Still here on the Gold Coast with David though I expect I’ll be leaving soon. Because of the fact that Easter is so late this year it coincides with ANZAC day in Australia (their remembrance day for the Australia New Zealand Army Corps) and gives them a 5 day long weekend this week. Combined with both Queensland and New South Wales schools being on holiday this week it has made for busy times and I expect difficulties in booking my next step if I leave before Sunday. Thankfully David is being a fantastic host and hasn’t kicked my butt out yet.
In fact, he’s been showing me an excellent time. Thursday seemed like a good beach day as the sun seemed to be out and strong to start the day and the vast hordes were still working until the next day. David took me down the coast from main beach along the various sections of beaches and neighbourhoods we’d seen the previous day from the top of Q1. Every view was gorgeous, green blue seas rolling onto wide sandy beaches. The wave action wasn’t the best I’d seen down here, yet every beach had at least a few surfers challenging the curls. We stopped at a Surf Life Saving Club at Elephant Rock to check out the view and have a drink and some wedges (of course with sour cream and thai sweet chilli.) What a fantastic view… we sat and watched a few surfers catching the waves off the rocks and enjoyed the sun.
Further south we reached the border between QLD and NSW again, this time at Captain Cook’s Point Danger. Despite it only being Thursday several of the beaches were very busy, at least by David’s standards. Of course, unlike grand beach here you need to swim between the patrol flags (or at least somewhere reasonably close to them) on most of the beaches lest you encounter rips and other unpleasant things. We ended up finding a comfy spot on Greenmount beach where we could look back across the long bay and see the high rises of Surfers Paradise rising in the distance. By this point the temps had gotten pretty high and we were both dying for a swim so it didn’t take us long to plant our towels and hop into the waves. They weren’t great body surfing waves sadly but it was still a magnificent place to swim on a beautiful day. When we went back to the apartment to have a shower afterwards we were absolutely wrecked from playing in the waves for almost two hours. David ended up having a nap and I laid semi conscious in bed watching a show for a bit.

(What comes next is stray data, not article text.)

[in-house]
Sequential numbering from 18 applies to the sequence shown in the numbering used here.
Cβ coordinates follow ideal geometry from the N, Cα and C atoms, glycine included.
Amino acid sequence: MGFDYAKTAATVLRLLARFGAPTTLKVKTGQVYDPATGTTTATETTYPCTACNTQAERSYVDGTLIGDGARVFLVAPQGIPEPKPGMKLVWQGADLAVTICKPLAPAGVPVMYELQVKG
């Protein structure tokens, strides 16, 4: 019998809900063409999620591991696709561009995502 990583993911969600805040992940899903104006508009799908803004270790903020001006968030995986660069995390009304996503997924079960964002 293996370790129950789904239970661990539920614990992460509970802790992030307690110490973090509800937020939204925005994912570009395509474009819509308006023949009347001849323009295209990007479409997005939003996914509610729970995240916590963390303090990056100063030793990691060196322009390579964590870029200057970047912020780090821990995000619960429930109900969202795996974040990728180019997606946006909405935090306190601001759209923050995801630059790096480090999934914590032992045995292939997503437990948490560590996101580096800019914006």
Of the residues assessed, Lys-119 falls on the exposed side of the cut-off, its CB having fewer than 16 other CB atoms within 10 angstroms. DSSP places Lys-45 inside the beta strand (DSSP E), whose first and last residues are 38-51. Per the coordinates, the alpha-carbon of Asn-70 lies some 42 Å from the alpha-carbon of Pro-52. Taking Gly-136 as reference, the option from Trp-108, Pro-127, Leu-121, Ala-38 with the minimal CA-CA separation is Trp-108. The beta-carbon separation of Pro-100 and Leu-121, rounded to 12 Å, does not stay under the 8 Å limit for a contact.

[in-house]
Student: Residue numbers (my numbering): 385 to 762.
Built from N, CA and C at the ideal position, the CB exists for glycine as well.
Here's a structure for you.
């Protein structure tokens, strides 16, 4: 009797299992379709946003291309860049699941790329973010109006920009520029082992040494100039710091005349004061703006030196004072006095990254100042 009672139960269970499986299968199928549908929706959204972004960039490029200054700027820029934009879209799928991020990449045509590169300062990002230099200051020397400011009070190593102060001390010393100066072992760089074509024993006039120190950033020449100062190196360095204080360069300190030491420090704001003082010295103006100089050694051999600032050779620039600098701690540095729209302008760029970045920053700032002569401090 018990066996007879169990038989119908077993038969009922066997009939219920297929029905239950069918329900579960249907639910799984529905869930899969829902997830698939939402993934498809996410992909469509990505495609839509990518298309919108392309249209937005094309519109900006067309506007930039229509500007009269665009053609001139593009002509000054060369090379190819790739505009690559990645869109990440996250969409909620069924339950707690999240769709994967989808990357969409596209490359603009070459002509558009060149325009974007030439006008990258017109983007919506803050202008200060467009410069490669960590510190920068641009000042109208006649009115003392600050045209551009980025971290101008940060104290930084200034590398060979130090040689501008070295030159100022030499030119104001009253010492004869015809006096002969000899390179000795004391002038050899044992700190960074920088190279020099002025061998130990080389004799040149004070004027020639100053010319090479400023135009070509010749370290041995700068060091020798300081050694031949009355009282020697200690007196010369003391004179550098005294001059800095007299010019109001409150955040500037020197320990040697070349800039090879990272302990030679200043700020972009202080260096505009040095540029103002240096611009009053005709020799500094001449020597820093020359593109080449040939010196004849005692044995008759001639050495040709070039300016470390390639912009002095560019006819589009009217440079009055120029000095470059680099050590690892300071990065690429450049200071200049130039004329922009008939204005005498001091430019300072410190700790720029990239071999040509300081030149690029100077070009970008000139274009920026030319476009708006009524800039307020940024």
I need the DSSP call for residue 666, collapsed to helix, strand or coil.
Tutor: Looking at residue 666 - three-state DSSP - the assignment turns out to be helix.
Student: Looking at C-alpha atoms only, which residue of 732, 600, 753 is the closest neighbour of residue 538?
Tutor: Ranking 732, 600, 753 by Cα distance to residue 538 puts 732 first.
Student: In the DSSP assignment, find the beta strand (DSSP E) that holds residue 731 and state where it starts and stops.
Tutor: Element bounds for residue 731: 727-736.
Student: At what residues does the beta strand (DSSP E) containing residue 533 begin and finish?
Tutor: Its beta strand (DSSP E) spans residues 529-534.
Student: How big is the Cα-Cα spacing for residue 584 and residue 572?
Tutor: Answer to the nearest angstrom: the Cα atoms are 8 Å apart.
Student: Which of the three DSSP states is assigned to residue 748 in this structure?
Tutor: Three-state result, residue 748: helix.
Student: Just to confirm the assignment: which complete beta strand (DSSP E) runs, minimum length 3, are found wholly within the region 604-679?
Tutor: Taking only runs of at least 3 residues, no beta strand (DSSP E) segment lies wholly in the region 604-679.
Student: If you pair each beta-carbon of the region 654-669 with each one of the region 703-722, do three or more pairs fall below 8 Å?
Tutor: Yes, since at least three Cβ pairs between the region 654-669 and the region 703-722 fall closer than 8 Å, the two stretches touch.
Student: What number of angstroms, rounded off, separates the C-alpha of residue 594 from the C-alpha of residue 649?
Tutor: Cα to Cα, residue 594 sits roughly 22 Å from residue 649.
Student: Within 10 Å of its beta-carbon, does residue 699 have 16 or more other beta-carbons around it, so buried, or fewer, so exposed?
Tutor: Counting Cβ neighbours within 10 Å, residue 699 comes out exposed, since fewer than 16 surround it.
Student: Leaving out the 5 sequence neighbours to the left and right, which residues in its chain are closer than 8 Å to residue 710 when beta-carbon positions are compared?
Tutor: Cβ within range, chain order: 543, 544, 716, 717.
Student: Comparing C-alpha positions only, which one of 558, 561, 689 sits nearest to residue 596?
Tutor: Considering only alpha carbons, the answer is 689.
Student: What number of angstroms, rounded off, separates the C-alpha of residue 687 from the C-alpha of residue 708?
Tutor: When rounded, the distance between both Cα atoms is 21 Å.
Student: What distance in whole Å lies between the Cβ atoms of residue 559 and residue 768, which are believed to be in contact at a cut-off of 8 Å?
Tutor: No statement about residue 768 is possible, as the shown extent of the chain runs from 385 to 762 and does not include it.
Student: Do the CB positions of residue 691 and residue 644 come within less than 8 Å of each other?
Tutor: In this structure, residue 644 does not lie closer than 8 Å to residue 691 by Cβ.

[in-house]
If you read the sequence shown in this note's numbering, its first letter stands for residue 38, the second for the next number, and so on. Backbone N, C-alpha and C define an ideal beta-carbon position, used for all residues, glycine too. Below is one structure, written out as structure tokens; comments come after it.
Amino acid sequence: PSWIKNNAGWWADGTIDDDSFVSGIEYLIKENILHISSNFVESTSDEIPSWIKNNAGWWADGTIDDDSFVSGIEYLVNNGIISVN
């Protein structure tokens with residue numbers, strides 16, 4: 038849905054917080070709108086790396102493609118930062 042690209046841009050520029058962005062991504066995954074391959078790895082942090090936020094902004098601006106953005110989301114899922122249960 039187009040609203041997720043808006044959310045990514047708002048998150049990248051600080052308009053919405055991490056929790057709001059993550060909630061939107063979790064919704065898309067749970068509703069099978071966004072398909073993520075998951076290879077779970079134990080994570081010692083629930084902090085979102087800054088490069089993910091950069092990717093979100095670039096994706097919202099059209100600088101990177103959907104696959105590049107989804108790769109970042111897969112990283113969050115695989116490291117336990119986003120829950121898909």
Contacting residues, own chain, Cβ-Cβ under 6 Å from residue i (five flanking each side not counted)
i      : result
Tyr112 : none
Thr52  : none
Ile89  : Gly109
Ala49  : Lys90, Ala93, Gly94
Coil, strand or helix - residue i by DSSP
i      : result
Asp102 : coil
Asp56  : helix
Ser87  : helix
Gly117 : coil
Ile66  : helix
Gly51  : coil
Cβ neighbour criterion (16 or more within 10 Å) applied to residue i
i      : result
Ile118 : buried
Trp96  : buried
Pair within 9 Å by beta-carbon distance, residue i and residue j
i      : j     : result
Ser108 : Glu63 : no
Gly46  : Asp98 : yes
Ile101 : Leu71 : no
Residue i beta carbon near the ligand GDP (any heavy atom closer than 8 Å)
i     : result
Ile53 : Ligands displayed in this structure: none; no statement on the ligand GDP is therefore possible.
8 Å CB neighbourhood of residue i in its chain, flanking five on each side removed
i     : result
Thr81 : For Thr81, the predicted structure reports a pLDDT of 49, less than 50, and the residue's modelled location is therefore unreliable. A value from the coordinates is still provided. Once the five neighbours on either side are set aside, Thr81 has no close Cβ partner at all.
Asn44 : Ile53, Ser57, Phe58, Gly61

Due to the fact that it was school holidays we’d reluctantly concluded that the theme parks would be too nuts to really have much fun at, but David made the suggestion that we check out the Australian Outback Spectacular. This was a wild west type dinner show presenting the outback cattle station lifestyle both in the past and now. It was a blast. I’d read a fair bit about the production in advance but I was still blown away by how many animals they use. Tons of different horses, cattle, sheep and their herding dogs and even a demonstration of a helicopter mustering all in an indoor arena surrounded by dinner theatre seating. Included in the show (and very timely given ANZAC day on Monday) was a tribute to the Australian Light Horse regiments of the first World War, troops that were mostly outback volunteers. All the audience is divided into two teams and given appropriately coloured straw cowboy hats, of course they were out of anything larger than a medium hat so both David and I looked ridiculous trying to wear ours, but me more so. You actually get to keep the hats as well and they aren’t terrible so it’s a shame they were out of large or x-large. The show itself was incredibly well done, all the riders and animals were fantastic performers. The whole thing is a well oiled machine with the food brought to you piping hot during short intervals in the show (usually a song.) Several hundred people end up served within about 3 minutes while the drink staff bring around wine, beer or lemonade refills. The food itself was good as well, a salad with mango dressing wrapped in a tortilla, a quite tasty steak and trimmings and finally a proper Aussie pavlova for dessert with berries. The show ends with some audience participation moments but thankfully neither of us was chosen (David had done it in the past and faceplanted in the sand so he said no) and these determined which station was the winner. We lost thanks to some blatant cheating. All in all a great experience, still a little mystified as to why they sell light up lightsabers for kids though… surely a glowing cowboy hat or something would be better?
After the show we were about to pull back into the garage when David had another idea and took us back down the waterfront to the jetty we’d walked to my first day here. Here they’d implemented a very neat idea so that when we got to the end of the jetty in the dark we saw a ghostly looking scuba diver surfacing in the gloom. As he dove again we next saw a prehistoric looking creature swimming up out of the depths near the diver. Positioned above the pier are a number of powerful data projectors on swivel mounts that create a number of these images in the water. We saw the swimming dino looking things, the diver, eels and a turtle. Very neat idea. Not far from the pier there was a public installation along a path of what David called boopy things. Poles mounted with coloured LED bars that interact with passersby in sound and light. Fun to play with, but I couldn’t help but wonder how long they’d last in a park back home.